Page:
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Monday, February 8, 2016
Anxiety and Stress Disorders
Withdrawl Effects of Lexapro
I was on lexapro 10 with clonazepam 0.5 for anxiety and panic disorder GAD. Male aged 50 years. I was on this medicine since November 2004 till 28-02-2005 i.e almost for 15 months. I was relieved of my symptoms. I felt well till few days. But since a week, I feel nervousness, dizziness, sleepless night slightly feeling relpase of the pre treatment symptoms. Recently, I was prescribed Flomax 0.4 for Mild BPH.since month I take the medicine in the night.
Are the indicated symptoms are withdrawl symptoms of GAD medicine or the side effect of the Flomax 0.4. Further, I have a disturbed sleep, awakening in the night and then sleeplessness till morning. Rven at workplace, I have tiredness, headache heavy eyes etc. I do not understand or differentiate the symptoms. If you can assist me in my problem, I shall be highly obliged.
For specific symptoms like yours it is very important that your confer with your own physician. This internet site is no substitute for discussing symptoms and medications with your physician.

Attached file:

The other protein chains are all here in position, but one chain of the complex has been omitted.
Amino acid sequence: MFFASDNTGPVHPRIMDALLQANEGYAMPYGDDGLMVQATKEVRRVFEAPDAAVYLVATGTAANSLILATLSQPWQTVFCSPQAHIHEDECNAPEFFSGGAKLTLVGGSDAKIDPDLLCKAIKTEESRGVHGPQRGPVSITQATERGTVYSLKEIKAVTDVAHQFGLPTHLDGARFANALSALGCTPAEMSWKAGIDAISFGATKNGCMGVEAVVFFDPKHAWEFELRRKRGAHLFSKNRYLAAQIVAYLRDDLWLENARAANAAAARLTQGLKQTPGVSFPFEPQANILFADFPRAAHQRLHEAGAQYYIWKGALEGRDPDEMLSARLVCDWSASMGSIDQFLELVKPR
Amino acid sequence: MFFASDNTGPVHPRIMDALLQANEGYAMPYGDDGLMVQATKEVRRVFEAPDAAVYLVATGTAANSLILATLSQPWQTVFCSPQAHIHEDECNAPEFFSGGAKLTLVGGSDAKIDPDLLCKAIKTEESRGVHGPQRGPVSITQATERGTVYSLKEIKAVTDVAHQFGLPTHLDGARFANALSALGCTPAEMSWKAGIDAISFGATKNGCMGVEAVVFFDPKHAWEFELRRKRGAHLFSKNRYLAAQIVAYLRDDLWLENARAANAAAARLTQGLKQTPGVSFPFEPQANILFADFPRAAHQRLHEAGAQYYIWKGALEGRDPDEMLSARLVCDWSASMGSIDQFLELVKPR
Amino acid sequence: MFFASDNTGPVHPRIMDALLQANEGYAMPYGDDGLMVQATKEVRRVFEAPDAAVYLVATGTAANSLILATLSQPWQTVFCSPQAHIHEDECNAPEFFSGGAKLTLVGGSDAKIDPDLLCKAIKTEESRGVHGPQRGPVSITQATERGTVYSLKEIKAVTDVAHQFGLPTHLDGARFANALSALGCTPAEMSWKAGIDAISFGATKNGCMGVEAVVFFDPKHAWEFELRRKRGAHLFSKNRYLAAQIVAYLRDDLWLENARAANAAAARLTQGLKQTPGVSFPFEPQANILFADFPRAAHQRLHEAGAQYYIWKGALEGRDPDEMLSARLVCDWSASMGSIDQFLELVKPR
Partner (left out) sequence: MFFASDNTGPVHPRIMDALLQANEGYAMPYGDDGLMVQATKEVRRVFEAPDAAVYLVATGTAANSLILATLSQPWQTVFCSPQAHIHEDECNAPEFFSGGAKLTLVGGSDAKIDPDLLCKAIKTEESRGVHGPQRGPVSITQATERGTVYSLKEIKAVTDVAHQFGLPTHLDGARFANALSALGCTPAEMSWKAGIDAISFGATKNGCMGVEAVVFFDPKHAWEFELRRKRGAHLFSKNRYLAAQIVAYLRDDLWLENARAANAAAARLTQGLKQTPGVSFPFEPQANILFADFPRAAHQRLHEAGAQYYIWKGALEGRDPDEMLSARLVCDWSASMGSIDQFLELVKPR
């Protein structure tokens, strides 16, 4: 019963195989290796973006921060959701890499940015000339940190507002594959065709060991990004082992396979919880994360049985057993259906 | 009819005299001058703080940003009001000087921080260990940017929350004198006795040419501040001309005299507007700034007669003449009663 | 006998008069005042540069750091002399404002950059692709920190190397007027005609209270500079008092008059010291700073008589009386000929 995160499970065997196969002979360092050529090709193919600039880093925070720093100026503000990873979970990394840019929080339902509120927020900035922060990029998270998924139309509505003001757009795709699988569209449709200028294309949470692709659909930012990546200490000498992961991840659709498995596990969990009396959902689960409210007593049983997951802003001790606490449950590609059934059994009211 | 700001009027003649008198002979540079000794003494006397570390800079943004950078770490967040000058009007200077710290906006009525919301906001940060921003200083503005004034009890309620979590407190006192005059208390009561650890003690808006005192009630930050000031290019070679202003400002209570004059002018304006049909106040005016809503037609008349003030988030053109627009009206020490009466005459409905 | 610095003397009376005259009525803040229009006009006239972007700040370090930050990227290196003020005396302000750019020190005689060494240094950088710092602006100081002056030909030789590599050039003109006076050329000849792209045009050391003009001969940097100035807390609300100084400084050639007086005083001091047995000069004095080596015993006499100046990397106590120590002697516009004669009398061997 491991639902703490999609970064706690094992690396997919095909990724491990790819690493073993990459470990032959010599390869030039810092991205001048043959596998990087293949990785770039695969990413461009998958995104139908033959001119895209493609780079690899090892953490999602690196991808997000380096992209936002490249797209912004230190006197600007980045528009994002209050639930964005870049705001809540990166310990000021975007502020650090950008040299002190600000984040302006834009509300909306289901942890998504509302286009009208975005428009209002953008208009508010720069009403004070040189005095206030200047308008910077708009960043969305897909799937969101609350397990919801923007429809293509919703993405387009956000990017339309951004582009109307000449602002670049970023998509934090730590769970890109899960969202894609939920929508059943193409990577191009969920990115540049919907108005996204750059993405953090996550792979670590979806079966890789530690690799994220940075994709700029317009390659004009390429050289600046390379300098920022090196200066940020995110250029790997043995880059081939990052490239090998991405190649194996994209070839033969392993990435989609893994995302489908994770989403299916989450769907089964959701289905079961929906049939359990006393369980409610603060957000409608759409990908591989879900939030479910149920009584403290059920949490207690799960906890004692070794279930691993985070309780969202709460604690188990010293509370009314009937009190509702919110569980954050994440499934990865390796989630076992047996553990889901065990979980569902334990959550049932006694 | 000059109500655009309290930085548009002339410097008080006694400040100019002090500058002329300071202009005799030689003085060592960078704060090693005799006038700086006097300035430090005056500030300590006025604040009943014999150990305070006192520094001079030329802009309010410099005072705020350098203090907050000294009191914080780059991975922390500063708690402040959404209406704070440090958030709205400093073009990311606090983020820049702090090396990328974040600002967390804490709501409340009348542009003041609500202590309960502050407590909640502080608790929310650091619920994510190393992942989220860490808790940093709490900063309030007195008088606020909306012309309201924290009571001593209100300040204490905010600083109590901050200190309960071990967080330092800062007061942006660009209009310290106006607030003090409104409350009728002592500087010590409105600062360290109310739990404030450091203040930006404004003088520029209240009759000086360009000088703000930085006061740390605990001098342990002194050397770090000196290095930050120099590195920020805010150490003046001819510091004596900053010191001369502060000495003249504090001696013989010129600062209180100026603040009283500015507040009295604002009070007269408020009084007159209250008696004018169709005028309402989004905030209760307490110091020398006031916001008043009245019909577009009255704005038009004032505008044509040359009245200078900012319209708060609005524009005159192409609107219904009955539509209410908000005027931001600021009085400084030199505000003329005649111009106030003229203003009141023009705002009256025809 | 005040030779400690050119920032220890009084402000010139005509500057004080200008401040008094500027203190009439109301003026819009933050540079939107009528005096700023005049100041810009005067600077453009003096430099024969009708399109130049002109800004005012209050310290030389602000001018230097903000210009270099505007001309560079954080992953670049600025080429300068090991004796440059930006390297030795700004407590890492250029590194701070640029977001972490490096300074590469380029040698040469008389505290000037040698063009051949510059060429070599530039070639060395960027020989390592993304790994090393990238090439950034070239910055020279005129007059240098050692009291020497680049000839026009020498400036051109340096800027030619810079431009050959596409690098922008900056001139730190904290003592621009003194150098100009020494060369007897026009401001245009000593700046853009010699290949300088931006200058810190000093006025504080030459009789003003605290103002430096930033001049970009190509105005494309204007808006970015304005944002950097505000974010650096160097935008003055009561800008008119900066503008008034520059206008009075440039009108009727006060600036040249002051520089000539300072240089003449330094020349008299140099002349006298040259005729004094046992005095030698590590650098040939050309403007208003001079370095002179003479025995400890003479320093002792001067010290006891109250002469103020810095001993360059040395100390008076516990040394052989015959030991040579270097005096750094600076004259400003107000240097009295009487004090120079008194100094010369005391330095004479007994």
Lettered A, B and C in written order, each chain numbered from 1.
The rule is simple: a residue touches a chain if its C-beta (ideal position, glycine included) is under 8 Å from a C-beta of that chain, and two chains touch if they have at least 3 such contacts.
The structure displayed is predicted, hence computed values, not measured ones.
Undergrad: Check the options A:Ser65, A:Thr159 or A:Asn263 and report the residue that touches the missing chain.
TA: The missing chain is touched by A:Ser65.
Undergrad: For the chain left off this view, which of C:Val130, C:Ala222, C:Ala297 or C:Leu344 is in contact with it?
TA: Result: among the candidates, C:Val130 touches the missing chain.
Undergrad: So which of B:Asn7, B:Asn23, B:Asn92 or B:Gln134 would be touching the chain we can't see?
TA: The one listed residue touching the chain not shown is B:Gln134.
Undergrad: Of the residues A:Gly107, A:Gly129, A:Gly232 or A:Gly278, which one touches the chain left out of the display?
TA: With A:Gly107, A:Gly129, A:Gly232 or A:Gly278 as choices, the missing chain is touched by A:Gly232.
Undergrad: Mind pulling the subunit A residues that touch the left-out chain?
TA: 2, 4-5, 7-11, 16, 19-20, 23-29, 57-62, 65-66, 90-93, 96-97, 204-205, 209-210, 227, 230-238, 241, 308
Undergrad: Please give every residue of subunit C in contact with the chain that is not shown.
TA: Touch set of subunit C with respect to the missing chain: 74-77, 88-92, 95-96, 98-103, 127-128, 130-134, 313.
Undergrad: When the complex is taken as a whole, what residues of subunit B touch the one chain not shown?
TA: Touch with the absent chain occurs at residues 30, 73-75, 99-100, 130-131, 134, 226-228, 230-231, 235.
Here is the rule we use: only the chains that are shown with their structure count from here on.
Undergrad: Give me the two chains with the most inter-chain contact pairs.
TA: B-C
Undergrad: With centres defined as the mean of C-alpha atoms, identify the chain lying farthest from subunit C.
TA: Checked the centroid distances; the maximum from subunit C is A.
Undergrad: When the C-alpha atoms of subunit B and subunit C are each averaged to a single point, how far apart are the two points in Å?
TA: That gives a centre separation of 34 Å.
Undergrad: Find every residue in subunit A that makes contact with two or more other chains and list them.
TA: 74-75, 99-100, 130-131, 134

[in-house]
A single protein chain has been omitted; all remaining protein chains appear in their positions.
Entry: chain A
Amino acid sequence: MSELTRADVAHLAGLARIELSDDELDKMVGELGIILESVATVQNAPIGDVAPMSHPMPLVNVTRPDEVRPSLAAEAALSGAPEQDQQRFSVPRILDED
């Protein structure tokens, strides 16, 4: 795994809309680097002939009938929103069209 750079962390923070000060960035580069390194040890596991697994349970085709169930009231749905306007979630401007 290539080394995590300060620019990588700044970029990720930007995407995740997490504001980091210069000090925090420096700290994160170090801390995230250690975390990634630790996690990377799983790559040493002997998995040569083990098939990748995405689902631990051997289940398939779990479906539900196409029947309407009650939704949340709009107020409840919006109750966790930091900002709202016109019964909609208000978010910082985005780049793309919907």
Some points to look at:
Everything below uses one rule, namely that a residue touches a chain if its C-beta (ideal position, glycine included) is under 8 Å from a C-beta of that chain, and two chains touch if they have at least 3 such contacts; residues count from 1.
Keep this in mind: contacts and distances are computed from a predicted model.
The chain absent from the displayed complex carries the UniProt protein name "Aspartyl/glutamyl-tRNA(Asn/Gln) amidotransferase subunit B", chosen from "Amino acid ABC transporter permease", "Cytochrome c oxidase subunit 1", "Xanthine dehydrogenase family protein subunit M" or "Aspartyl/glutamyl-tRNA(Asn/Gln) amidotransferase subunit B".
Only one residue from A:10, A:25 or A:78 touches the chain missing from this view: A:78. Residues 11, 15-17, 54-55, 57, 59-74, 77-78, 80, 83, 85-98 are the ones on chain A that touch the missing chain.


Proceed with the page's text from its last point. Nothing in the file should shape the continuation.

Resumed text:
Some background on SSRI withdrawal, however, could be helpful to you. Lexapro is a selective serotonin reuptake inhibitor, and when this type of medication is used, there can occasionally be temporary withdrawal symptoms if the medicine is suddenly discontinued. These symptoms usually begin about 1 - 3 days after stopping the medication, and have disappeared within 1 - 2 weeks after stopping. If you stopped your medication in February and are having symptoms a month later, it is more likely that your illness has relapsed. While some people can "cure" their depression and/or anxiety with a single 9 - 18 month course of medication (or with counseling or with a combination of these), other people need medication for longer periods of time (as long as 2 - 3 years) and still others will need to be on medication indefinitely. The return of "pretreatment symptoms" suggests that you should return to your physician, and consider restarting medication for your anxiety and panic disorder (and if not already doing so, I would strong encourage counseling and therapy, as well.)
Nancy Elder, MD
College of Medicine
University of Cincinnati